Azerbaijan is the largest country in the Caucasus region of Eurasia. Located at the crossroads of Western Asia and Eastern Europe, it is bounded by the Caspian Sea to the east, Russia to the north, Georgia to the northwest, Armenia to the west, and Iran to the south. The exclave of Nakhchivan is bounded by Armenia to the north and east, Iran to the south and west, while having a short borderline with Turkey to the northwest. It lies between latitudes 38° and 42° N, and longitudes 44° and 51° E.
The total length of Azerbaijan's land borders is 2,648 km (1,645 mi), of which 1007 kilometers are with Armenia, 756 kilometers with Iran, 480 kilometers with Georgia, 390 kilometers with Russia and 15 kilometers with Turkey. The coastline stretches for 800 km (497 mi), and the length of the widest area of the Azerbaijani section of the Caspian Sea is 456 km (283 mi). The territory of Azerbaijan extends 400 km (249 mi) from north to south, and 500 km (311 mi) from west to east.
Three physical features dominate Azerbaijan: the Caspian Sea, whose shoreline forms a natural boundary to the east; the Greater Caucasus mountain range to the north; and the extensive flatlands at the country's center. There are also three mountain ranges, the Greater and Lesser Caucasus, and the Talysh Mountains, together covering approximately 40 percent of the country.24 of the 8,350 rivers are greater than 100 km (62 miles) in length. All the rivers drain into the Caspian Sea in the east of the country. The largest lake is Sarysu and the longest river is the Kur (1,515 km) which has been dammed in places to form large reservoirs. Its waters contain 97 species of fish. There are dwindling numbers of sturgeon.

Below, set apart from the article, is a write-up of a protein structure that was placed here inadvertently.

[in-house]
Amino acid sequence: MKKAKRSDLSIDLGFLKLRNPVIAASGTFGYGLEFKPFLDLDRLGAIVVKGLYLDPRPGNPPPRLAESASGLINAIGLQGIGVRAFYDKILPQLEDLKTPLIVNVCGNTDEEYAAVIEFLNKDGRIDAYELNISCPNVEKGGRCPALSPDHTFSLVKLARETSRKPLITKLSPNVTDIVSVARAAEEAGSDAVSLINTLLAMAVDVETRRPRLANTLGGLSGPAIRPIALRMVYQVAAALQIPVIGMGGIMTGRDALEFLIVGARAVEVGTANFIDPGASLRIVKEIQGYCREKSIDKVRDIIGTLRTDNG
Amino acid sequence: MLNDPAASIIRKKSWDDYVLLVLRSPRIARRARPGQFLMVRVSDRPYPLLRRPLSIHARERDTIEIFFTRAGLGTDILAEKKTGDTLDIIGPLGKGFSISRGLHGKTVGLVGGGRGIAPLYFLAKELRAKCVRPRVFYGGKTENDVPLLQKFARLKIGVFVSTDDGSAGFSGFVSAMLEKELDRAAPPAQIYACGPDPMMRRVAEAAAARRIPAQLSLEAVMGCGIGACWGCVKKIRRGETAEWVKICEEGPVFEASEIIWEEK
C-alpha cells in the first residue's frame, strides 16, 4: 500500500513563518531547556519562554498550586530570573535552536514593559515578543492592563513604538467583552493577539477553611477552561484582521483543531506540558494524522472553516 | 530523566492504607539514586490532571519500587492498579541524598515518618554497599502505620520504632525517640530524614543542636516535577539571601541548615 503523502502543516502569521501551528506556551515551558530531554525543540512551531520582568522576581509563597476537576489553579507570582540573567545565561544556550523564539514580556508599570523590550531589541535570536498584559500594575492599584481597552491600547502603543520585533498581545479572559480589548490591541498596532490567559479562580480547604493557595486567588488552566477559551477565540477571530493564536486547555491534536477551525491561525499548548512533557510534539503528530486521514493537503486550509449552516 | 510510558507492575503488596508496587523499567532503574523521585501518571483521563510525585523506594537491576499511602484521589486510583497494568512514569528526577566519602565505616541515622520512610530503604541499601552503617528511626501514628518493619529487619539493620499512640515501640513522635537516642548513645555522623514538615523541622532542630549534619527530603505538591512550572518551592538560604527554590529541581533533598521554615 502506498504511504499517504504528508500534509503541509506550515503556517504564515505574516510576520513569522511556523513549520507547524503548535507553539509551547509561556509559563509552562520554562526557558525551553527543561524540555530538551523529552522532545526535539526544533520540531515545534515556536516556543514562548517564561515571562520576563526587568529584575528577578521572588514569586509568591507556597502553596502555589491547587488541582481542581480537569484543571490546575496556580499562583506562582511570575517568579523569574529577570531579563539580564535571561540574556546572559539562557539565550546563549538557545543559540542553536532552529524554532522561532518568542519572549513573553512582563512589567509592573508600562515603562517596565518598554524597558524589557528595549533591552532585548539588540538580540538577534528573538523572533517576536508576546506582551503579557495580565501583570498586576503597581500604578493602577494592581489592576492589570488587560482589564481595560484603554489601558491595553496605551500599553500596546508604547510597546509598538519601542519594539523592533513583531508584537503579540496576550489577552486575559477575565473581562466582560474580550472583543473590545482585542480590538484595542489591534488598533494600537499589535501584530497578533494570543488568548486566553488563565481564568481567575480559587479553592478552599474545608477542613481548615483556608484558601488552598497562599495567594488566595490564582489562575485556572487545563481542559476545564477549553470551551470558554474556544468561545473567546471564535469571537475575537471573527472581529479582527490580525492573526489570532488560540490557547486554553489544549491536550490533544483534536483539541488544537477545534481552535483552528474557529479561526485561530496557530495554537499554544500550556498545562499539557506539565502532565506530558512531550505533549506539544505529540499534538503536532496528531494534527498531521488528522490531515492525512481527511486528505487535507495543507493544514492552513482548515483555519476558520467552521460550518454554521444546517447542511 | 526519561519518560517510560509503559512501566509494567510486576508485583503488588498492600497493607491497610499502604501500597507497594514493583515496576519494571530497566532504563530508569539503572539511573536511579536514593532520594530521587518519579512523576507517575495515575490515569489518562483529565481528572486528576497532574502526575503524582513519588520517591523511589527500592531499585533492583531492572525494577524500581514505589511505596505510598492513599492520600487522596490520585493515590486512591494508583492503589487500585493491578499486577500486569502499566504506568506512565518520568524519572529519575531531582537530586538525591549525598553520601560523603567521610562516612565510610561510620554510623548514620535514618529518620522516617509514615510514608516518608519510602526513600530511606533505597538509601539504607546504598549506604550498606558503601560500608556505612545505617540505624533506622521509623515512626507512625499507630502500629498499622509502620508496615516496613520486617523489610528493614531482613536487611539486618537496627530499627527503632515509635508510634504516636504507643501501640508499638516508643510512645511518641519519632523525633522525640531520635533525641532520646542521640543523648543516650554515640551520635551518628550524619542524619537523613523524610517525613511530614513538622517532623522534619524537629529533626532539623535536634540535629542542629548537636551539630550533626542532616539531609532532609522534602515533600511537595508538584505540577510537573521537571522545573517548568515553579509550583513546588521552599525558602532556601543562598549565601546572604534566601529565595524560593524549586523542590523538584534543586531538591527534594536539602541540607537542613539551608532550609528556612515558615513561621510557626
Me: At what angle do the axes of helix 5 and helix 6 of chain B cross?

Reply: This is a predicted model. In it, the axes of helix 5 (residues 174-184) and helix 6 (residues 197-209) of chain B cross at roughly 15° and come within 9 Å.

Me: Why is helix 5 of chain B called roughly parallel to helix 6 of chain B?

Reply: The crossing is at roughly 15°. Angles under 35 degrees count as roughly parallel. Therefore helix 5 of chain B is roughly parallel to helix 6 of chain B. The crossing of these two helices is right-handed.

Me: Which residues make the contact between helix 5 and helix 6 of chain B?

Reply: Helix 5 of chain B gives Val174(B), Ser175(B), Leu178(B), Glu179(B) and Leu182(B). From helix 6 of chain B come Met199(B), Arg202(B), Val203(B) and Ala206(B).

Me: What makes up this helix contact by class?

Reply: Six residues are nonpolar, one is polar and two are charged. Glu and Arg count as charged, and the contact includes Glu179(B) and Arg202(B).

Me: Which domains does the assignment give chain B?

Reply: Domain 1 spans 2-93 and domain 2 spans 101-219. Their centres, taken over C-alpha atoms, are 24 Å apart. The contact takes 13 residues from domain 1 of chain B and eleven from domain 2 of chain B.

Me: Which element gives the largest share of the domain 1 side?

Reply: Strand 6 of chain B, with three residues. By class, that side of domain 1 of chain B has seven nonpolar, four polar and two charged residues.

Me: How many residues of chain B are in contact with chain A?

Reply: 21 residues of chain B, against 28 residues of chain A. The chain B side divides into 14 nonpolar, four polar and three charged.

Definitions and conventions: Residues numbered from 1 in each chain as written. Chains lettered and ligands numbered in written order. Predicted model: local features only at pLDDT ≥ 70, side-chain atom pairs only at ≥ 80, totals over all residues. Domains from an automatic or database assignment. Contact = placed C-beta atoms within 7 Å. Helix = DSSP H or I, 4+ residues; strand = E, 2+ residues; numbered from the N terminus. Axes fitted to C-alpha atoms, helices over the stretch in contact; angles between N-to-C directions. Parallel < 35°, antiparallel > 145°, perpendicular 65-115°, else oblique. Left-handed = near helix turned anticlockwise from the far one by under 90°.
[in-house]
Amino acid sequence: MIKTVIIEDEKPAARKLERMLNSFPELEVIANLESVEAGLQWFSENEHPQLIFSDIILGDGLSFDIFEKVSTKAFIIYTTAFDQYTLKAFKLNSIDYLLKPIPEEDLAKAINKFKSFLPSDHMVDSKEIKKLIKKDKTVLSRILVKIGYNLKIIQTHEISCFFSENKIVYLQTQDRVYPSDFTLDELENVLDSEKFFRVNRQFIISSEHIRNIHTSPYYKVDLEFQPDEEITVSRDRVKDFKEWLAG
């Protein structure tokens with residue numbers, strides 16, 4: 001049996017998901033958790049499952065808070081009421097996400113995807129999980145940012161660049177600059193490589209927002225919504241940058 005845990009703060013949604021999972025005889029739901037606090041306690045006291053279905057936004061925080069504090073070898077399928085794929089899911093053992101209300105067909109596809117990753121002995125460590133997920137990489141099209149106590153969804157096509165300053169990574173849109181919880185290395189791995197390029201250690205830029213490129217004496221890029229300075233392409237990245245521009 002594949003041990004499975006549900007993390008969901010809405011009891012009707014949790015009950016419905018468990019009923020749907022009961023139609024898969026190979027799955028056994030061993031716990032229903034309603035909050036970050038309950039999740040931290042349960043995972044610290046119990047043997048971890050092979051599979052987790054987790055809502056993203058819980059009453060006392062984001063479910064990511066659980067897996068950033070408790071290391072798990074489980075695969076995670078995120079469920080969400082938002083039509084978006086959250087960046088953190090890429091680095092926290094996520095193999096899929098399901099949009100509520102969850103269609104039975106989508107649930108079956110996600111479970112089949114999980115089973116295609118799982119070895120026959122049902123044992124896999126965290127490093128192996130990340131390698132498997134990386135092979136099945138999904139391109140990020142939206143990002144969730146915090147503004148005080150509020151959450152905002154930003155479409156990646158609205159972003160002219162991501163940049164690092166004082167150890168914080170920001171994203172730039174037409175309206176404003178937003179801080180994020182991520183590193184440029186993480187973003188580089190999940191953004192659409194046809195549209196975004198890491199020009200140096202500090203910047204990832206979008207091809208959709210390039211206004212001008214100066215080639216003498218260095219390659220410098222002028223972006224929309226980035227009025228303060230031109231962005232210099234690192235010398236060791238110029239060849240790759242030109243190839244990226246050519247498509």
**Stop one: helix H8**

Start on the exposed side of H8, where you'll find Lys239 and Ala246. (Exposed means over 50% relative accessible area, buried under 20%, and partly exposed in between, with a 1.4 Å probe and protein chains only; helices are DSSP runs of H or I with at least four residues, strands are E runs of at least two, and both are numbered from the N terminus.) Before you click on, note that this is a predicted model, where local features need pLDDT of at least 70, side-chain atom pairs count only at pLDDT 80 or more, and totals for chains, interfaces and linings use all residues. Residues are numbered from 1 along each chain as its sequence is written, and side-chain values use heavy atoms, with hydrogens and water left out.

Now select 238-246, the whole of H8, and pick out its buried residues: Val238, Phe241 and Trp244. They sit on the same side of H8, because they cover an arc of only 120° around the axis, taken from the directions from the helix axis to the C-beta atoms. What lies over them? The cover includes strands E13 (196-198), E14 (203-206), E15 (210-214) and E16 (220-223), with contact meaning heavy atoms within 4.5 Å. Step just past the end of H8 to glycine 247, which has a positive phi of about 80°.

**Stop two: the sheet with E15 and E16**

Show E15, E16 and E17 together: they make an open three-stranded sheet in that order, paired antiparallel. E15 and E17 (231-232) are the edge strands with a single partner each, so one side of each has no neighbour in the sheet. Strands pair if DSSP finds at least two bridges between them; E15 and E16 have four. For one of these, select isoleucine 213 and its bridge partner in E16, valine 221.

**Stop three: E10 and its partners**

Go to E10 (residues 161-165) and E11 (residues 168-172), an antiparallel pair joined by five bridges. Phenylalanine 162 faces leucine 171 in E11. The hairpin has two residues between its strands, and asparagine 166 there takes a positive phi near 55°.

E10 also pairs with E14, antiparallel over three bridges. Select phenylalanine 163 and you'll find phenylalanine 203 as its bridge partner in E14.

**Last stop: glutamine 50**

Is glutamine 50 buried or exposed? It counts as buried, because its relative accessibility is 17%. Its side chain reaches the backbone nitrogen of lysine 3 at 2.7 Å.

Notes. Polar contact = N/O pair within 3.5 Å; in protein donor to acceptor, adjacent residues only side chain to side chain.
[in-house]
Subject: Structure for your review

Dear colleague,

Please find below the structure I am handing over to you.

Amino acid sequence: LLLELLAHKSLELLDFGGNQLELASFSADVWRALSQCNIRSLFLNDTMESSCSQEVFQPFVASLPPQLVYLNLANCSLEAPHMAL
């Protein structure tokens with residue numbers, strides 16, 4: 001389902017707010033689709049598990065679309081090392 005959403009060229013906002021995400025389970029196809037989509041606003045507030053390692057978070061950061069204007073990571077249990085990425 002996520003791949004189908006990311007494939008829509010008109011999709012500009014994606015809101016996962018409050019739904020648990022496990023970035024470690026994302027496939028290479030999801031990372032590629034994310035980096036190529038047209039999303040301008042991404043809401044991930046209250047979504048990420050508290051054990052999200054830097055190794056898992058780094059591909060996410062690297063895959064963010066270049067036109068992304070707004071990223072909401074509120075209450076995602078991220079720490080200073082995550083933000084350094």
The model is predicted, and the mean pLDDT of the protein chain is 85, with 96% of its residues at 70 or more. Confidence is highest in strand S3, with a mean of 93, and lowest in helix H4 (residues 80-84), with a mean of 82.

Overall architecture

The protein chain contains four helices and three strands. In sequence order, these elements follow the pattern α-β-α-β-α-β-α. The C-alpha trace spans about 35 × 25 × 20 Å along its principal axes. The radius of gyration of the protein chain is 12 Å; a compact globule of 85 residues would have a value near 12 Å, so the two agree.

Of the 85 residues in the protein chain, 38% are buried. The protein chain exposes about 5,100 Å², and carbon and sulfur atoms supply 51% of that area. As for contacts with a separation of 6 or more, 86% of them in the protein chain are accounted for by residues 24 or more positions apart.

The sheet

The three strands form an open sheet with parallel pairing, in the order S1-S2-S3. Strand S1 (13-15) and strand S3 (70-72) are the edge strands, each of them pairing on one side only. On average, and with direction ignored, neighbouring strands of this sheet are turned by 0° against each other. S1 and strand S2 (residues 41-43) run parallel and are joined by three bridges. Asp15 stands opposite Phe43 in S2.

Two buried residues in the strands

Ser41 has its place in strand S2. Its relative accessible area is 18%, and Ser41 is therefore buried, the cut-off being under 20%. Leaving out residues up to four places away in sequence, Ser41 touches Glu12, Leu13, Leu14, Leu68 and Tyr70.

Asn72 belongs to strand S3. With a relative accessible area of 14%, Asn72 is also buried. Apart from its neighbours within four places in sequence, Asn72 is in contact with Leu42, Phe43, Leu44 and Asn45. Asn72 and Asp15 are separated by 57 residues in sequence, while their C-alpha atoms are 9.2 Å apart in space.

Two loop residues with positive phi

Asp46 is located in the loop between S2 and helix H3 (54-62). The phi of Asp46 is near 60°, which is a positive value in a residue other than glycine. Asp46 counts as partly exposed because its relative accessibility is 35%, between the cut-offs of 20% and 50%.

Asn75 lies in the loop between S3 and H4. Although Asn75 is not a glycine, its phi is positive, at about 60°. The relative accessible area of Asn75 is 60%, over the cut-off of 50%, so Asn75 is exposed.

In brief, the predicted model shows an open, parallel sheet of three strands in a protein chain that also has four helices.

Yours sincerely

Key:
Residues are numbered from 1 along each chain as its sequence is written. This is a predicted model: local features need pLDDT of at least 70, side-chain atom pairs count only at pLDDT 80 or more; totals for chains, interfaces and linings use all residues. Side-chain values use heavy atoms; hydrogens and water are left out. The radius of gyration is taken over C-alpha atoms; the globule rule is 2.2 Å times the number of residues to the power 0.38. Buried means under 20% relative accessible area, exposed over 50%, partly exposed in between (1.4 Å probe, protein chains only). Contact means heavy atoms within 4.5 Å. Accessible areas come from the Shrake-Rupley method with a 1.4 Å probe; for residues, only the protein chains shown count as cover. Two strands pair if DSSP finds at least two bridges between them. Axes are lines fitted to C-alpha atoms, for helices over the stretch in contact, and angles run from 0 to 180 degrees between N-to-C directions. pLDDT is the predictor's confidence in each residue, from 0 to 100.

Specifics of Fishing Azerbaijanhttp://azerbaijan.orexca.com/fishing.shtml
Fishers'cherished places are those near a levee of the Mingechaur Reservoir, where they fish both above and below the spillway. As a rule, the bottom in such places is covered with many sunken snags and logs. To prevent the bottom from washing away, it is reinforced with big stones and brushwood piled below the levees...